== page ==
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Mythology. To the elves Nethor was among the first three Gods who sprang from the Thoughts of Avá and is of the Element of Wind. As a result He is one of the closest in thought to the High Goddess. He represented and still represents the infinite ability of Caelereth to repair itself given the presence of peace and understanding. At the beginning of time Nehtor taught pity and endurance to the Children of Avá and later, after Queprur and Etherus destroyed what he had helped to create, He taught the Children healing - both for themselves and for the world they lived in.

In the beginning Nehtor was the most joyful and carefree of the Gods, honoring Avá's Dream by finding delight in its existence, much more than any other God ever did. And so He was diligent in helping Urtengor to shape the lands and to create the seasons, reflecting the circle of life. It is said that Nehtor broke the first cold of winter when He was dancing: The once destroyed flora rose again during His performance which brought back the once lost spirit of nature - joy and new life were again making Caelereth thrive, reminding of the Tree of Life, the Eú'reóll. And there, in the Gardens of Bliss where Eú'reóll stood, Nehtor wouldn't cease to dance and sing while
Eyasha and Urtengor worked on the reality of the Dream. But again and again the other Gods, mainly Etherus and Queprur, joined their powers in order to corrupt these achievements. Then Nehtor danced even harder than before, teaching everything that existed how to counter the threats of death and how to find pleasure in the circle of life, undoing or repairing the destruction caused by others. And through this dance he did restore hope to the world, created new life, beasts and plants, that would assist the Children and nature itself to heal body and soul.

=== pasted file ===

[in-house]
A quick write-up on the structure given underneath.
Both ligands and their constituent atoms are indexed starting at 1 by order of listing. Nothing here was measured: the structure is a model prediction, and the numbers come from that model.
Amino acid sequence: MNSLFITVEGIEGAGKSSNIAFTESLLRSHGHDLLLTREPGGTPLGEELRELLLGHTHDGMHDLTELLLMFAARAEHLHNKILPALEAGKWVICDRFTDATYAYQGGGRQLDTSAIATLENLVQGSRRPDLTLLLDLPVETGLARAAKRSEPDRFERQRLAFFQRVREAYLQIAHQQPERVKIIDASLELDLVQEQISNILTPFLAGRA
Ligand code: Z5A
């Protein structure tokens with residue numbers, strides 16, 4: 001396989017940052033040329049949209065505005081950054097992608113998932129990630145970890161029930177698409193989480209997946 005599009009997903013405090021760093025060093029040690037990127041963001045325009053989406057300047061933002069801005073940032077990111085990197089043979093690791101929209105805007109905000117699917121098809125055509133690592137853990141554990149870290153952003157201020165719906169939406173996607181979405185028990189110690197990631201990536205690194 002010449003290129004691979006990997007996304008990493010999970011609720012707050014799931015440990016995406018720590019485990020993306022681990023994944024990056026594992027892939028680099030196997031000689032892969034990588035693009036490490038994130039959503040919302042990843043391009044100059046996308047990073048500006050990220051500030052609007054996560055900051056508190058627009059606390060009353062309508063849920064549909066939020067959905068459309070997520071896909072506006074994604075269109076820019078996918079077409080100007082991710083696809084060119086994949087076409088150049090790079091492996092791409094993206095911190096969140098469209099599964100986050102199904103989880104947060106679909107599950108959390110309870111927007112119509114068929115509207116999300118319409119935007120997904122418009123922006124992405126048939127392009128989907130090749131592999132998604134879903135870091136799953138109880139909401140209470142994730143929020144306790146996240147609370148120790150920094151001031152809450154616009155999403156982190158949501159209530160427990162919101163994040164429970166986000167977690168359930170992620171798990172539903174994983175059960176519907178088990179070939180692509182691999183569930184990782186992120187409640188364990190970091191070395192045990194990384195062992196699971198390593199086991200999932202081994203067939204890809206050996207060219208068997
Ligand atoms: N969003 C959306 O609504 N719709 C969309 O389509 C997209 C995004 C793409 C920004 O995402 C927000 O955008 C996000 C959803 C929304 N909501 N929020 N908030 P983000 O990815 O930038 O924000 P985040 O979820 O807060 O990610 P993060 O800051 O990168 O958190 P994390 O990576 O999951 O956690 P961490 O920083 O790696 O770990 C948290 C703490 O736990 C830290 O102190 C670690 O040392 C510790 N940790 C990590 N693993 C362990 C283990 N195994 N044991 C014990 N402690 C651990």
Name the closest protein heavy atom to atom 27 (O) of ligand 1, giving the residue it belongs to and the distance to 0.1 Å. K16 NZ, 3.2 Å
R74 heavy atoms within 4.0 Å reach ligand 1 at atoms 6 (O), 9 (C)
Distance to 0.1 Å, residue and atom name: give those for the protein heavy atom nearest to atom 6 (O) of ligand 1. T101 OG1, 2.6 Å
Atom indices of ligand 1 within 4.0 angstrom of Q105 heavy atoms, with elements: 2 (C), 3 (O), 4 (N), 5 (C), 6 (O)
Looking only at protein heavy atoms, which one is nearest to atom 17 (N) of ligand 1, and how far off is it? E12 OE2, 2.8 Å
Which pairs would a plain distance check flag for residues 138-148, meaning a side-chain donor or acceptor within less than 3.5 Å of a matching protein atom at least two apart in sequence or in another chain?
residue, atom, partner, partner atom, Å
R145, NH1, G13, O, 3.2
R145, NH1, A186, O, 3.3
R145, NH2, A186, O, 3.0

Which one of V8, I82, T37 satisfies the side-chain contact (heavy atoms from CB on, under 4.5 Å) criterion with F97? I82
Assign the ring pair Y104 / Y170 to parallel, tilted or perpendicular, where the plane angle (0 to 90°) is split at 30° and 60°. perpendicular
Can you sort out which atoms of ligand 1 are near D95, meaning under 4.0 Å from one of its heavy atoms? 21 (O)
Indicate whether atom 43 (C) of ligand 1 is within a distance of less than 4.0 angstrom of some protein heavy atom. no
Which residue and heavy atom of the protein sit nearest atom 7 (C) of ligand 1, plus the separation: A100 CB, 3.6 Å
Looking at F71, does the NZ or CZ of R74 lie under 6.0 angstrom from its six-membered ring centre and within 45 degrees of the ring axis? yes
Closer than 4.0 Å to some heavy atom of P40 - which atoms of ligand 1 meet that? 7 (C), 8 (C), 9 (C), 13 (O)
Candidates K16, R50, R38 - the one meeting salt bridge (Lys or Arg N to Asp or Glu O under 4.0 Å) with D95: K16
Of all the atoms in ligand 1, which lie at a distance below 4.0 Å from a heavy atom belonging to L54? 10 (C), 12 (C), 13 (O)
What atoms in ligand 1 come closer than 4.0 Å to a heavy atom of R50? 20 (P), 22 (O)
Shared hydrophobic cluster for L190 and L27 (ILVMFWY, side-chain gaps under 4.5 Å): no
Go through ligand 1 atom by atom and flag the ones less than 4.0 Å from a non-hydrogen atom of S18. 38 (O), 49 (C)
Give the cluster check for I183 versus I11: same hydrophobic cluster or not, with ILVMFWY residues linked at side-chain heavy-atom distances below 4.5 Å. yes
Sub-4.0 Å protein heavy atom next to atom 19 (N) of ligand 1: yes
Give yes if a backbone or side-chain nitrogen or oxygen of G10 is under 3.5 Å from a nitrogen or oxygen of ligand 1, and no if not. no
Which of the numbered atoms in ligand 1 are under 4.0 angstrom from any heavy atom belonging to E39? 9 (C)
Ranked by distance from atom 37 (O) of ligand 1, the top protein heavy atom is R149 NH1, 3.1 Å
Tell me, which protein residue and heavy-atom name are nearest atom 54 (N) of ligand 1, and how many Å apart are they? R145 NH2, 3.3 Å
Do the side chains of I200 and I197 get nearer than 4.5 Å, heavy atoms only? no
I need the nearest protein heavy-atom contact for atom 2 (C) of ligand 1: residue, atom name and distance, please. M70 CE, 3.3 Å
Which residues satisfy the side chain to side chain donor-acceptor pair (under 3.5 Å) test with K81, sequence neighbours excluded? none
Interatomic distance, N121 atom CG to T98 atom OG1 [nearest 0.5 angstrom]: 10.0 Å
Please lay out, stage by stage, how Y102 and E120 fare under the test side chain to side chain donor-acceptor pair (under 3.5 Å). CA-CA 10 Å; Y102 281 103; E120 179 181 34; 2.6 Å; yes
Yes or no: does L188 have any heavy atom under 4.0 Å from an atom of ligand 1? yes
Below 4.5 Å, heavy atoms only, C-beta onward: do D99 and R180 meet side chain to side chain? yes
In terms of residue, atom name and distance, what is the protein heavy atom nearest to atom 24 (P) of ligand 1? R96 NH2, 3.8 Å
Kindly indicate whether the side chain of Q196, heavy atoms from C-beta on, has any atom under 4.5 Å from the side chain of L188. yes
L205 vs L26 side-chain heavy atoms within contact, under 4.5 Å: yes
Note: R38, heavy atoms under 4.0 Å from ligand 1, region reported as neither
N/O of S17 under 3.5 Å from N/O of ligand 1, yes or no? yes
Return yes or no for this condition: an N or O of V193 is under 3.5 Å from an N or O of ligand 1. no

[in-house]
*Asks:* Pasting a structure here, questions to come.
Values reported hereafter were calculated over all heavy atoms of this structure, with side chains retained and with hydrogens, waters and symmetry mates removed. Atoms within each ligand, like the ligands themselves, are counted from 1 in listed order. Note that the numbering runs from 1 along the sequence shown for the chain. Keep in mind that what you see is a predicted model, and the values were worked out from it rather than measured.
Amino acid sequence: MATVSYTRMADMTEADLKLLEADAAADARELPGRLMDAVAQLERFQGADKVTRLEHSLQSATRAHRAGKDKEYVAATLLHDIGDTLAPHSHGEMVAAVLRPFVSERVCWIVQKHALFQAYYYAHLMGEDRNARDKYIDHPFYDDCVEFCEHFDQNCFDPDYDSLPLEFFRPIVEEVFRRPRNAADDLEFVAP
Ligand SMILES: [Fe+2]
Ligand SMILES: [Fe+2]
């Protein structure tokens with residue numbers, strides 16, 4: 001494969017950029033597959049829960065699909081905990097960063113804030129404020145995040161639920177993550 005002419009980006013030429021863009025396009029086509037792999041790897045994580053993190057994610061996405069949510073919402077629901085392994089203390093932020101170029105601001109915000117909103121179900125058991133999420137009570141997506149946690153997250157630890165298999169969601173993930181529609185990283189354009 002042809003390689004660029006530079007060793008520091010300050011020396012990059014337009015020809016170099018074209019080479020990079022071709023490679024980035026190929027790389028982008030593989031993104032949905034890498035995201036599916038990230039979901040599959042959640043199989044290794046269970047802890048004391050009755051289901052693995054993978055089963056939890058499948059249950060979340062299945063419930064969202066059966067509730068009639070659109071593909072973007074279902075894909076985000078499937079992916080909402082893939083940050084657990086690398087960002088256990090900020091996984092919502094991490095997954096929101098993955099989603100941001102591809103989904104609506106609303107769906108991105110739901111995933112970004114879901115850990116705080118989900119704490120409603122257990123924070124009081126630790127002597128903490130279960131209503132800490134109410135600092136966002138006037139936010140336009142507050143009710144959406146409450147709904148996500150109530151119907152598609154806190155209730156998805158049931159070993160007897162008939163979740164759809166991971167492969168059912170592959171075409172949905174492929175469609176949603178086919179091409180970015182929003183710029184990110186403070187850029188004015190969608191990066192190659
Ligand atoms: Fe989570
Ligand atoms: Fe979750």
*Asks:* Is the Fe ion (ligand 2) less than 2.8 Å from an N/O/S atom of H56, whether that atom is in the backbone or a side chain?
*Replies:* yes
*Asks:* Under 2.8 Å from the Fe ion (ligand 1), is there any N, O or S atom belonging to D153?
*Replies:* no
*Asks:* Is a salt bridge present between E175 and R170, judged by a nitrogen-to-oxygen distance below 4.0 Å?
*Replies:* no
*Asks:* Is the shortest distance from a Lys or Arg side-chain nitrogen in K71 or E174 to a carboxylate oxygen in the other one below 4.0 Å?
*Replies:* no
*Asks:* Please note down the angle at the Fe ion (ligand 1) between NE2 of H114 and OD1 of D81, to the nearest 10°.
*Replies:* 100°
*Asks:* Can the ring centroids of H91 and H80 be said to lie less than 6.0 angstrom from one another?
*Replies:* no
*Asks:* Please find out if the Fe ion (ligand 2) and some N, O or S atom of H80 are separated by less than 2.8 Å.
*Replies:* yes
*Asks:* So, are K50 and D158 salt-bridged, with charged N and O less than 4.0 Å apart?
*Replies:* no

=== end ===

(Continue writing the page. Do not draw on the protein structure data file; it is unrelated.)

But then, when the Tree of Life caught fire, Nehtor felt a misery and a pain unlike any other and since this time Nehtor has severed his relations with the other Gods, only intervening to frustrate Queprur against whom he holds a considerable grudge.

He left the Children in that time. But Nehtor still lives in the Caelereth world: It is said that he settled in the far east, where the sun can be seen rising first and brings new life with the new day. Grief, concern and mourning are his providence, he no longer sings but weeps and plays tunes of great mourning for the suffering of Caelereth on a flute or a panpipe of his own making. It is said that his tears helped to repair some of that which had been undone. Only Jeyriall (Goddess of the Harvest) ventures into that far place once a year, to ask him to dance once again to melt the ice so that She might plant a strong harvest. Often Nehtor agrees to the Goddess' request and in that dance he is as happy as he was at the beginning of the world. Thus, despite being the God of Mourning, Nehtor still is the main force which brings new joy, birth and inspiration into the world.